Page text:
• Av79 on March 29, 2010, 23:19 GMT

    Popcorn, it may pay to remind you that a comparison between Katich and Langer as the 'slow' partner in entirely unwarranted, because almost invariably Langer was the more audacious of the Langer/Hayden pairing, especially at the outset of an innings.

    People seem to confuse the 92 Langer for the post-2000 Langer, Hayden was, by comparison, the more sedate partner.

    The comparison is flawed, IMO.

  • regofpicton on March 29, 2010, 22:53 GMT

    i wish some of the New Zealand players were more like Katich, and popcorn has it dead right. Its a five day game, and staying at the crease is the first requirement. If Aussie has a spare Katich, please, send him over. Two, if possible!

  • popcorn on March 29, 2010, 7:04 GMT

    I am surprised that a writer of Brydon Coverdale's calibre has poked fun at Simon Katich for scoring slowly.This is not a One Day Game,Brydon-and Simon Katcich has shown why he and Justin Langer are the perfect Openers in Test Cricket.The need for Australia was to build a solid foundation,build a big second innings score, and bat New Zealand out of this game.Simon Katich is an object lesson for all Test Openers - graft, occupy the crease,frustrate the bowlers, put the bad ball away - runs will come at their time - and sure enough they did. Thanks to the run of scores that Simon Katich has made in the last 10 Tests,Australia has NEVER LOST a Test match. Shane Watson is to Simon Katich what Mathew Hayden was to Justin Langer - aggressive,upsetting the bowlers' line and length with impunity - a perfect pair.Australia'a lead of 300 with six wickets in hand is testimony to Basic Principles holding firm in Test Cricket.Ross Taylor can stew - he had 3 lives;Katich had none. Understood,Brydon?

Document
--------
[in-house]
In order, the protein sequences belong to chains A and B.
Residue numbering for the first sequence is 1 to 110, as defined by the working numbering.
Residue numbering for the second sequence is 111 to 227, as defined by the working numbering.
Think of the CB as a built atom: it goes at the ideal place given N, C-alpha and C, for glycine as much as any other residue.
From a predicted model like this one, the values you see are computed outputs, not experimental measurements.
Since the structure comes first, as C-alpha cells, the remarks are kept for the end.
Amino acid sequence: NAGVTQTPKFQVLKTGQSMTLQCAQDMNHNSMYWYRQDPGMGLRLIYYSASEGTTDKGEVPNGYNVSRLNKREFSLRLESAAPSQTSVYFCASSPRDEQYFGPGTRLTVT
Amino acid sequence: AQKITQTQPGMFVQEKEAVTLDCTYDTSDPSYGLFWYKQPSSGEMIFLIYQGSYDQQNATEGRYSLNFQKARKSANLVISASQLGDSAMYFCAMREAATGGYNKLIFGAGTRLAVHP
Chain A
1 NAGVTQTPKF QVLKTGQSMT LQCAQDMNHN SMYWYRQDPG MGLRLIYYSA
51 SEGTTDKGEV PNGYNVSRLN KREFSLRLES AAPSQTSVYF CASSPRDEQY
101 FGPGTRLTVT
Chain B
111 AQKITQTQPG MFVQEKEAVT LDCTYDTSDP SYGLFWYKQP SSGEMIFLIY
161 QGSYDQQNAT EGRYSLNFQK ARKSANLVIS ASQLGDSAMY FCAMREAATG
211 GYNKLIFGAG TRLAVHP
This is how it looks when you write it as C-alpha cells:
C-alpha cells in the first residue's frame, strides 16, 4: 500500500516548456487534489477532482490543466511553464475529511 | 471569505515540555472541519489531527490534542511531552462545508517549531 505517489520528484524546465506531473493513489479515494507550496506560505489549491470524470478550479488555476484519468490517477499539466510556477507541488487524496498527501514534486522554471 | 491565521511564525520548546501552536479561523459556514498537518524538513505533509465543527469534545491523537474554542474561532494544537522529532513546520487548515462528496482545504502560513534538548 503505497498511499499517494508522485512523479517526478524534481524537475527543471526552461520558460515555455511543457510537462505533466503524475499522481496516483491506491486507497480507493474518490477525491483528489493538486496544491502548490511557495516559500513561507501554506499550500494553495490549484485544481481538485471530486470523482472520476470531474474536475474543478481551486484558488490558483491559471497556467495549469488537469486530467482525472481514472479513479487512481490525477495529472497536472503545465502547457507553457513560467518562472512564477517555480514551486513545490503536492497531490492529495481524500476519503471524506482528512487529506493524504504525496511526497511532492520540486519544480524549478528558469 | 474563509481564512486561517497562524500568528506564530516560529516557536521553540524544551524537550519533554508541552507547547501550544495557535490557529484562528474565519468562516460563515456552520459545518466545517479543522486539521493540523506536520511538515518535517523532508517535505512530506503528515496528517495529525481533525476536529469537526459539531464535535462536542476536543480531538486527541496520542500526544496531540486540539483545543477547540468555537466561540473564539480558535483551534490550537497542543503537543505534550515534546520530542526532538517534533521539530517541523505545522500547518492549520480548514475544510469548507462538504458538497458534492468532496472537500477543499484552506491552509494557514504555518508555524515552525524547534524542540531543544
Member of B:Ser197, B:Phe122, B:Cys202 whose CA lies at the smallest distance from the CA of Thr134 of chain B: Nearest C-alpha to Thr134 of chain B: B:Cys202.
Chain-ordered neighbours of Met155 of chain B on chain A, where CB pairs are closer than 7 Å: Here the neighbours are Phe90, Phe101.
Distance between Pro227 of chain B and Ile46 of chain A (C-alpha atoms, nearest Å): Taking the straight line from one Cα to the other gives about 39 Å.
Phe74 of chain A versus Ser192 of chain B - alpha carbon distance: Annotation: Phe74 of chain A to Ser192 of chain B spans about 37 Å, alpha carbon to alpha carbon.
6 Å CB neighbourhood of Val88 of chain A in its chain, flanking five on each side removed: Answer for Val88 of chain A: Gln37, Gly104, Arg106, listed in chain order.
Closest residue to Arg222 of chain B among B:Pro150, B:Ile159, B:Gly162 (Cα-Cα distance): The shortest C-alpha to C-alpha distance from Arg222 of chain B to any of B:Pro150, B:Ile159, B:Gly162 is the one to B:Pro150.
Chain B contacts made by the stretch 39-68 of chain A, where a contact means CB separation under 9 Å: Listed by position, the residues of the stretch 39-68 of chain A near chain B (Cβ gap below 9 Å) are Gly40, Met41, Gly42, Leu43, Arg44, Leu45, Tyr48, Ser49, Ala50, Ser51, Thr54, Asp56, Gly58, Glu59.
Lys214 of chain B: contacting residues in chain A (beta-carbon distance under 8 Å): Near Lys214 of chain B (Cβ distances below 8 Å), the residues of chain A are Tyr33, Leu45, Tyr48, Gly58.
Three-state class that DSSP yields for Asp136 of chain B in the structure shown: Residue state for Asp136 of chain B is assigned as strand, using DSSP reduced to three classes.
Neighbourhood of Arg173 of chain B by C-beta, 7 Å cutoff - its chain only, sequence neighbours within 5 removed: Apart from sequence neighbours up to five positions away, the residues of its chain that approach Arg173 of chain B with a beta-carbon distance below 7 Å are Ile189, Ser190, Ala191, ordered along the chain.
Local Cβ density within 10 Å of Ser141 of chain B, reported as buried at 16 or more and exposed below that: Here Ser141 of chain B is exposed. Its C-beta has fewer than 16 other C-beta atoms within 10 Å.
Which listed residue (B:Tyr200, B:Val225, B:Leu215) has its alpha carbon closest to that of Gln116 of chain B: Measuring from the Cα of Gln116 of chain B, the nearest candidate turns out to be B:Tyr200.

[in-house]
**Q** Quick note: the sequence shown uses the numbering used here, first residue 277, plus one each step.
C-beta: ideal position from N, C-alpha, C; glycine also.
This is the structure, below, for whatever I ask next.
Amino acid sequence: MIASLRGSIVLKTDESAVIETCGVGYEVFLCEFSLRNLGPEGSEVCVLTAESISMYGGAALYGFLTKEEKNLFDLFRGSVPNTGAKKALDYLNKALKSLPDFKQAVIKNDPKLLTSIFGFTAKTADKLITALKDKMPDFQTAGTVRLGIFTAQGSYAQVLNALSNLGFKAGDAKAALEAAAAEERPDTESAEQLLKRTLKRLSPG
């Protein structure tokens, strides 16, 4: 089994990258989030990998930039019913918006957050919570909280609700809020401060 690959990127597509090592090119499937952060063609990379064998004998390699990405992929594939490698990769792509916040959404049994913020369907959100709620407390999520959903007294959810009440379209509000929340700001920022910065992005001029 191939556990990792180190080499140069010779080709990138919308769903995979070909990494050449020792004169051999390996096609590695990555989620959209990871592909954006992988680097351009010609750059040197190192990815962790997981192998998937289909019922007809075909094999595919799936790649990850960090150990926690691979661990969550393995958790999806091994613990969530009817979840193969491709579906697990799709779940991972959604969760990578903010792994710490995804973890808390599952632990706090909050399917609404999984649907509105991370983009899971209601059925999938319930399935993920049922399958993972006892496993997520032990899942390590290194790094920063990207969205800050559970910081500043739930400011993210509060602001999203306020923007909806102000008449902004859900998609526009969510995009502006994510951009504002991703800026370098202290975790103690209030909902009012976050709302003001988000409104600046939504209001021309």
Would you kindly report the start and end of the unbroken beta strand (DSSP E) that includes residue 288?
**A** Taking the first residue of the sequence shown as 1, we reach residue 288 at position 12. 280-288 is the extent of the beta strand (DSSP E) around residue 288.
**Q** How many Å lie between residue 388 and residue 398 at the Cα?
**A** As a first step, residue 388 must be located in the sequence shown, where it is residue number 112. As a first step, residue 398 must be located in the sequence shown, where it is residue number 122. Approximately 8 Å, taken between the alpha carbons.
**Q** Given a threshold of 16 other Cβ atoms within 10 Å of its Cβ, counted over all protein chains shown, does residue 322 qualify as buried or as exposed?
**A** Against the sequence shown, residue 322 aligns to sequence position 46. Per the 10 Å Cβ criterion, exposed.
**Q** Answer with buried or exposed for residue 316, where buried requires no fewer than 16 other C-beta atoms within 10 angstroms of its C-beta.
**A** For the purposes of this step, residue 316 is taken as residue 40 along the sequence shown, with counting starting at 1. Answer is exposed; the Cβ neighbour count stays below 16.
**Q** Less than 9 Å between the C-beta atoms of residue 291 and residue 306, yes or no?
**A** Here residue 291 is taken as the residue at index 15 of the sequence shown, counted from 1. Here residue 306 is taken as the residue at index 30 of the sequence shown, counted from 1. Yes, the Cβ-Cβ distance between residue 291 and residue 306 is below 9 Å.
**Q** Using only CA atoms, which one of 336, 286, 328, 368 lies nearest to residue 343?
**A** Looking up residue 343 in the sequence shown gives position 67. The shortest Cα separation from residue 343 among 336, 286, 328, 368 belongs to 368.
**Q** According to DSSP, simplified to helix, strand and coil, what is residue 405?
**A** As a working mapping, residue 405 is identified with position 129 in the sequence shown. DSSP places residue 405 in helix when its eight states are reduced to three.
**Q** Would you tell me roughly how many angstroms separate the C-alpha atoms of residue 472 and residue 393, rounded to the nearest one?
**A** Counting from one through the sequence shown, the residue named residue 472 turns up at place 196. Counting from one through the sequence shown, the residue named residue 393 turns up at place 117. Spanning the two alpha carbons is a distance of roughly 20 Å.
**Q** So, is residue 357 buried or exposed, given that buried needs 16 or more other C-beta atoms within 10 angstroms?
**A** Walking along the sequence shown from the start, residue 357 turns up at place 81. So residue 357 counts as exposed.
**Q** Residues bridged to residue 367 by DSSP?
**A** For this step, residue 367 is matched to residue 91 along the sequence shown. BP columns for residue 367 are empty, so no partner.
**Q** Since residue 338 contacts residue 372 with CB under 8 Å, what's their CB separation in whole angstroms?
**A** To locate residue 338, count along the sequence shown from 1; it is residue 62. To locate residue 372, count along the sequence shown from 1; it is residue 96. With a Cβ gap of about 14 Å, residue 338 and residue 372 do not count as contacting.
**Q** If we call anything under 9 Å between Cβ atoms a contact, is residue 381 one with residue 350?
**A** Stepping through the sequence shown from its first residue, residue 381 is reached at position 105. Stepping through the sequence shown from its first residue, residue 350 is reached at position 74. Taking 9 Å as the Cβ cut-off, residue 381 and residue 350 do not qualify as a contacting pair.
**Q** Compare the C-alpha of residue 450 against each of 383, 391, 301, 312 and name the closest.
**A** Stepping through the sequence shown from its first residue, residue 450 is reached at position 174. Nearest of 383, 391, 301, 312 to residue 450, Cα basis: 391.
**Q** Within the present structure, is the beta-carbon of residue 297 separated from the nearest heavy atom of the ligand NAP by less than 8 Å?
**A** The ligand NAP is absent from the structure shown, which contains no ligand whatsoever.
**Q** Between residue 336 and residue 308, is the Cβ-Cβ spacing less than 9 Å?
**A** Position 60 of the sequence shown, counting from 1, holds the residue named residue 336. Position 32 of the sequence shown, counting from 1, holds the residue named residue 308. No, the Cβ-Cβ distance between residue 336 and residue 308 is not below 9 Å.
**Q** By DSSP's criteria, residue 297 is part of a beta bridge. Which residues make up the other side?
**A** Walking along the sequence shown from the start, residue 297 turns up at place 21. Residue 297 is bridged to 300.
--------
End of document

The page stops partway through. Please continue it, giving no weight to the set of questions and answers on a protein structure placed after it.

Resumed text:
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  • popcorn on March 29, 2010, 7:04 GMT

    I am surprised that a writer of Brydon Coverdale's calibre has poked fun at Simon Katich for scoring slowly.This is not a One Day Game,Brydon-and Simon Katcich has shown why he and Justin Langer are the perfect Openers in Test Cricket.The need for Australia was to build a solid foundation,build a big second innings score, and bat New Zealand out of this game.Simon Katich is an object lesson for all Test Openers - graft, occupy the crease,frustrate the bowlers, put the bad ball away - runs will come at their time - and sure enough they did. Thanks to the run of scores that Simon Katich has made in the last 10 Tests,Australia has NEVER LOST a Test match. Shane Watson is to Simon Katich what Mathew Hayden was to Justin Langer - aggressive,upsetting the bowlers' line and length with impunity - a perfect pair.Australia'a lead of 300 with six wickets in hand is testimony to Basic Principles holding firm in Test Cricket.Ross Taylor can stew - he had 3 lives;Katich had none. Understood,Brydon?

  • regofpicton on March 29, 2010, 22:53 GMT

    i wish some of the New Zealand players were more like Katich, and popcorn has it dead right. Its a five day game, and staying at the crease is the first requirement. If Aussie has a spare Katich, please, send him over. Two, if possible!

  • Av79 on March 29, 2010, 23:19 GMT

    Popcorn, it may pay to remind you that a comparison between Katich and Langer as the 'slow' partner in entirely unwarranted, because almost invariably Langer was the more audacious of the Langer/Hayden pairing, especially at the outset of an innings.

    People seem to confuse the 92 Langer for the post-2000 Langer, Hayden was, by comparison, the more sedate partner.

    The comparison is flawed, IMO.